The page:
First in a series of weekly draft columns leading up to the June 21 NBA draft:
It’s a little less than a month until the June 21 NBA draft; if you’re a Charlotte Hornets fan, you want to know who will still be available when the team selects 11th overall.
The only way to even start projecting that is to eliminate who pretty much can’t last that long.
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Remember a year ago? There was a lot of conjecture Kentucky’s Malik Monk couldn’t possibly last to No. 11. You’d hear how Monk’s “floor” was the New York Knicks at No. 8.
Then, it became obvious a few days before the draft that Monk’s status was more fluid than many in the media had anticipated. He was there at No. 11, and the Hornets ended up choosing him over Louisville’s Donovan Mitchell.
This far prior to the draft, I try to think of the order more in strata than linking specific players to specific teams. It’s fun to do early mocks – I’m sure I’ll participate – but specificity isn’t a realistic goal.
With that in mind, I think it’s fair to say there are five players who it’s virtually impossible to imagine lasting to No. 11. Arizona’s DeAndre Ayton, European pro Luka Doncic, Duke’s Marvin Bagley, Michigan State’s Jaren Jackson and Texas’ Mo Bamba.
I’m not saying those will definitely be the first five players chosen. I am saying that barring some huge red flag, they’ll be gone before the Hornets pick.
It’s more complicated with, for instance, Missouri’s Michael Porter. That’s because his back injury cost him almost all of his one college season and the few games he could play were nothing like representative of how scouts anticipate him performing, based on what he showed in high school.
The next plateau, players unlikely to last to No. 11, obviously includes Porter. It would include some combination of Porter, Duke’s Wendell Carter and Oklahoma’s Trae Young. I think with both Carter and Young, there is a significant range of opinion about where they fit in this group.
There are rumors the Atlanta Hawks like Young, a guard capable of huge scoring games, a lot, but think they could trade out of the third spot and still get him. Carter played with so many other scorers (Bagley and senior guard Grayson Allen among them) that scouts might not have the best fix on what he’ll be in the NBA. Porter’s back surgery, no matter what his medical records now say, will be an issue until he’s selected.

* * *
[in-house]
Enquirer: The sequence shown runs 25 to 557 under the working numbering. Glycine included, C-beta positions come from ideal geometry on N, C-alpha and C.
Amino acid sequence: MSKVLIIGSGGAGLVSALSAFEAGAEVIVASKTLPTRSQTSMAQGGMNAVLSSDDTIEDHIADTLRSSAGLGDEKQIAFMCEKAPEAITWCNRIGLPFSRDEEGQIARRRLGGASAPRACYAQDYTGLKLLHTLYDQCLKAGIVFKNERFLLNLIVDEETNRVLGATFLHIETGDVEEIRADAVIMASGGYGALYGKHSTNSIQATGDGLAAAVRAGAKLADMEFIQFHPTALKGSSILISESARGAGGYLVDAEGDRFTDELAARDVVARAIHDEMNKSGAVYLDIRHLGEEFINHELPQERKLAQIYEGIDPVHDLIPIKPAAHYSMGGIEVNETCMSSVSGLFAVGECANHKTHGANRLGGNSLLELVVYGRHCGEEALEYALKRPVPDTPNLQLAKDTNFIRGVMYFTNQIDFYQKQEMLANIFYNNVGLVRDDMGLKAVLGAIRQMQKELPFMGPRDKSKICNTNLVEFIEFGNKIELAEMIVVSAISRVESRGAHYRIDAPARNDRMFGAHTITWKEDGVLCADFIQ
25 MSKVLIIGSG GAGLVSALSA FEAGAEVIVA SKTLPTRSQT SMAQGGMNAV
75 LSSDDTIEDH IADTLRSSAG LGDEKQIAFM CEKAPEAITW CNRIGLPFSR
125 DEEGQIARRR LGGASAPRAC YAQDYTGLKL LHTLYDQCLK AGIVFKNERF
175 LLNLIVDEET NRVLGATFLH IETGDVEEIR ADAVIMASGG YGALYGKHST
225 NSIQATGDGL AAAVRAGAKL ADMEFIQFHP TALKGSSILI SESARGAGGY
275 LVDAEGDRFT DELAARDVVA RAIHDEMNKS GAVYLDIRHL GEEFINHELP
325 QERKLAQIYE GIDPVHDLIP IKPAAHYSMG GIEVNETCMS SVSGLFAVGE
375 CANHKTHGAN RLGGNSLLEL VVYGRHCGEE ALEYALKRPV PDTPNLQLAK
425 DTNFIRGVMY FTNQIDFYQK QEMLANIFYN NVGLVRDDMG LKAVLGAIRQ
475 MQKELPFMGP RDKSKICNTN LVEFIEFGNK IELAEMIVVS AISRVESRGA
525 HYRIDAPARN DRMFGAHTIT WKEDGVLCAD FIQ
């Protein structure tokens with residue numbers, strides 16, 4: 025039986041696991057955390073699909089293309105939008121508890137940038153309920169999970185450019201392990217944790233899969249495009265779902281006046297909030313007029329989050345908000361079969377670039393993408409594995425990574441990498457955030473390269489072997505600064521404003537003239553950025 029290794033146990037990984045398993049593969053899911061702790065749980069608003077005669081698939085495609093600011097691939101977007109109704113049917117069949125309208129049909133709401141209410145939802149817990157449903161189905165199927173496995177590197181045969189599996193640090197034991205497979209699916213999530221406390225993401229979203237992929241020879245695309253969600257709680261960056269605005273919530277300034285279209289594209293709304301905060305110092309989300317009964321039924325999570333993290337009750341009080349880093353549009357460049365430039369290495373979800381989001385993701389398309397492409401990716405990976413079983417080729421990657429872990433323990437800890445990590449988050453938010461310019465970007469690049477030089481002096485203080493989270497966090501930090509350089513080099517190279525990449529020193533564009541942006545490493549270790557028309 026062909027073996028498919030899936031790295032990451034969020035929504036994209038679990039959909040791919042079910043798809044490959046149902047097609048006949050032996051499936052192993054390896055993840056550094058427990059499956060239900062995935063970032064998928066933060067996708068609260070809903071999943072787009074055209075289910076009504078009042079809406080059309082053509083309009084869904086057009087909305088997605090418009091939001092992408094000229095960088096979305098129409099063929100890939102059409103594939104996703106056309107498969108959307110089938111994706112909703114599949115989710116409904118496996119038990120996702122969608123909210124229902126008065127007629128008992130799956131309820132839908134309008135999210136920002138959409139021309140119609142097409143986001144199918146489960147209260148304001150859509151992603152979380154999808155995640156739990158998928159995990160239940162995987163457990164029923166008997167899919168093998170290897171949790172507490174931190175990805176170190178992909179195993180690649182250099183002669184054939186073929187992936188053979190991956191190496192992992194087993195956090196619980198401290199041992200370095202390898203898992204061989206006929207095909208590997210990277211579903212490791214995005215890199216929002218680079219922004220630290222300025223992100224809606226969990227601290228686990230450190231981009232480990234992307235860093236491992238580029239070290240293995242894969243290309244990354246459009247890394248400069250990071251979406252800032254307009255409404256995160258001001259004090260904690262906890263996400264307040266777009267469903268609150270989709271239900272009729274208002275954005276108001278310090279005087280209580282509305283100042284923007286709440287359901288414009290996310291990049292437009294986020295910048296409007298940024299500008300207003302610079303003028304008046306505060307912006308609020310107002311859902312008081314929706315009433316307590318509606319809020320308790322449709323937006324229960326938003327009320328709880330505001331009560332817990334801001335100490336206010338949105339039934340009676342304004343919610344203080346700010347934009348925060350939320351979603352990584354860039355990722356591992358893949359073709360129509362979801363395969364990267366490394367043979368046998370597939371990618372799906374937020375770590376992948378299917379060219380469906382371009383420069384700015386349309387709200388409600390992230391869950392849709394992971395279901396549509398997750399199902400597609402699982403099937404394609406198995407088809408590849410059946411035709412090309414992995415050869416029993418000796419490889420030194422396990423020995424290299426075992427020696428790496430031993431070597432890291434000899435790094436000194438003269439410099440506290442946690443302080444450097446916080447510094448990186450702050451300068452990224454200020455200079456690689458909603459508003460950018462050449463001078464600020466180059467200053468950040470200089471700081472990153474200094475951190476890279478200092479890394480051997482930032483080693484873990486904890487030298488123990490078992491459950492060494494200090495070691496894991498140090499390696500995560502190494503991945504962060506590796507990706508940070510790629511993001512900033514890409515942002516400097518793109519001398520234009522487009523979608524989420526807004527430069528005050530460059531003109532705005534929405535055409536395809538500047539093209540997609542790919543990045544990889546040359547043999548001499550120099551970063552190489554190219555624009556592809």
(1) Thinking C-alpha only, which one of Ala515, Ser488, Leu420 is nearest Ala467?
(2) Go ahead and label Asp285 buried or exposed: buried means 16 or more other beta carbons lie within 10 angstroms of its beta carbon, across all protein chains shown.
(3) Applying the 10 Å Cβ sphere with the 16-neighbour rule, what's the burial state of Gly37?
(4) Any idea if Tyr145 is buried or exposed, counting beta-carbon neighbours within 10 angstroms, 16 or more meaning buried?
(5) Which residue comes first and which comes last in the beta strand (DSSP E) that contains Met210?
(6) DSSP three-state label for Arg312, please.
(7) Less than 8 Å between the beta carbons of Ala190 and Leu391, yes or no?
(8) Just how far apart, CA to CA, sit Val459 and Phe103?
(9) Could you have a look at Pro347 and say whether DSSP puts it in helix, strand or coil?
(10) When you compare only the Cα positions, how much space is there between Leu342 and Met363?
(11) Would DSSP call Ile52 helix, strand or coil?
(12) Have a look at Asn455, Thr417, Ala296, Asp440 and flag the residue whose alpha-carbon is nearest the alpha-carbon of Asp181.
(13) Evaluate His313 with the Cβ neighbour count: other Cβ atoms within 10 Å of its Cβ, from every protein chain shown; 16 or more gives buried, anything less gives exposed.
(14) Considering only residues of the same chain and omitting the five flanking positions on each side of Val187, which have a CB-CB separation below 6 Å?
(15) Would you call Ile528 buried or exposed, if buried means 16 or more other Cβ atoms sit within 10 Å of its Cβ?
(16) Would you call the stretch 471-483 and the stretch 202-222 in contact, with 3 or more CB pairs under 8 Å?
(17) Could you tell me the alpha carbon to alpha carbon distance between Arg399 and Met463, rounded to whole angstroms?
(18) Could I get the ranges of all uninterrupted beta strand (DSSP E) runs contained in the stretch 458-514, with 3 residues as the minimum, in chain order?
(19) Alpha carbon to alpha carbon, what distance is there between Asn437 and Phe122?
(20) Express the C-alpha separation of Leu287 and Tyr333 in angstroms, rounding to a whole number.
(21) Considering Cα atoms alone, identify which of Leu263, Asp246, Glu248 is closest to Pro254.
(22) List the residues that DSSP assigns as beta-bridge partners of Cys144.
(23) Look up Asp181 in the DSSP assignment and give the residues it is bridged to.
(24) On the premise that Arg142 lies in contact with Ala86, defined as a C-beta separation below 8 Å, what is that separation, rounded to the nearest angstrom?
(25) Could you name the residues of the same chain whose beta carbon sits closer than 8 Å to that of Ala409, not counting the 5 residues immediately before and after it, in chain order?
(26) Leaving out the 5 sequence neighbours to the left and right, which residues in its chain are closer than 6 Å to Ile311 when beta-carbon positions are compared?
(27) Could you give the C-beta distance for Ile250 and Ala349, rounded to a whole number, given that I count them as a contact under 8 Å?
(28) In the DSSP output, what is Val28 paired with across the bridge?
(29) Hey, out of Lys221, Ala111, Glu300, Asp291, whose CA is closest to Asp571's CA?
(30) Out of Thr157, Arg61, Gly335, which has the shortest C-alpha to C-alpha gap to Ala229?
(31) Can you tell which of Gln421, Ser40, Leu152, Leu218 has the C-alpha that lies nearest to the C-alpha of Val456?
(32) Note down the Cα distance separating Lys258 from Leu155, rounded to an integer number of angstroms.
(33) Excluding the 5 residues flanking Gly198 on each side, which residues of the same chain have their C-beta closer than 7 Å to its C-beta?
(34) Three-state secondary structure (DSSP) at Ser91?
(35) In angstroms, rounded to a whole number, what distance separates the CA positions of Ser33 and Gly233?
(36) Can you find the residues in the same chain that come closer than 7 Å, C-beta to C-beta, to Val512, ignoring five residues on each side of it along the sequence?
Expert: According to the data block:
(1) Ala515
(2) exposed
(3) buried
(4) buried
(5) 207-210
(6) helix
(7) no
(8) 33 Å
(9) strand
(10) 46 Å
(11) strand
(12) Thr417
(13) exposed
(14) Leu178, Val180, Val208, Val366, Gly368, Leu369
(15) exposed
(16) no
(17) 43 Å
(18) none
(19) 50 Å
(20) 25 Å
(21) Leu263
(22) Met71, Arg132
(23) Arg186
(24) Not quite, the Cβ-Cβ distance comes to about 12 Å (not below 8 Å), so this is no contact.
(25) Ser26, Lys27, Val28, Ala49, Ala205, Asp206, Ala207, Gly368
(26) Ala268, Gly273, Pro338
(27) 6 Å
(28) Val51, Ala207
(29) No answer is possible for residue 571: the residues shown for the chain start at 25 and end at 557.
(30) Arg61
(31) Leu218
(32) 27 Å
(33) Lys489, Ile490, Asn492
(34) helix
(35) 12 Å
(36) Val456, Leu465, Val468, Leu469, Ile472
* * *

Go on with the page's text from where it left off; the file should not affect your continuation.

I think pretty much anyone beyond those top eight could be available at No. 11. I’d be more surprised if, for instance, Mikal Bridges from Villanova or Miles Bridges from Michigan State was there than if Kentucky’s Shai Gilgeous-Alexander or Kevin Knox was, but nothing beyond that circle of eight would feel like a shocker.
While this is Mitch Kupchak’s first draft overseeing the Hornets, he has a long NBA track record: He led the Los Angeles Lakers’ basketball operation (after Jerry West left the franchise) from the fall of 2000 until early 2017.
What can be gleaned from his draft history?
In that span the Lakers made 31 draft picks: 11 in the first round and 20 in the second round. They were so successful during portions of that run (six NBA Finals appearances) that seven of those 11 first-round picks were 19th or later in the round.
Arguably, the best pick Kupchak made was center Andrew Bynum with the 10th pick in 2005, straight out of high school. Not yet 18, Bynum was the youngest U.S. player drafted into the NBA at the time.
Bynum played seven seasons for the Lakers; his best was his last one – 2011-12 – when he averaged 18.7 points and 11.8 rebounds and was named an All-Star. A knee injury cost him the following season, and he played only 52 more games, for Cleveland and Indiana, before retiring.
Kupchak was pretty good at finding talent in the 20s or later, which has not been a Bobcats/Hornets strength since the NBA returned to Charlotte in 2004.
Future multi-time All-Star Marc Gasol (traded to Memphis) was obviously a coup with the 48th pick in 2007. Some other late picks who worked out: Larry Nance Jr., (27th in 2015), Ronny Turiaf (37th in 2005) and Luke Walton (32nd in 2003).
The Hornets getting impact out of the second round will be a big challenge in this draft: What would have been their pick – 41st overall – now belongs to the Orlando Magic from previous trades. The Hornets have No. 55, which was the Cleveland Cavaliers’ selection, six spots before the end of the draft.
Position analysis: Center
The Hornets have nearly $39 million tied up in guaranteed contracts next season for three centers: Dwight Howard ($23.8 million), Cody Zeller ($13.5 million) and Willy Hernangomez ($1.5 million).
Trading for Hernangomez was the last significant move by Rich Cho before he left as general manager in February. Howard was the major deal of last offseason, and at 32 this is the last season on his contract. Zeller has three seasons left on his contract, with a total remaining value of about $43 million. Hernangomez has one more season beyond this one at $1.7 million.
It’s fair to say Howard isn’t a long-term solution here, but I wouldn’t call center a position of particular need for the Hornets. Obviously, if Bamba somehow slipped out of the top 10 (highly unlikely), Kupchak would have to be interested. But a center doesn’t seem likely at No. 11.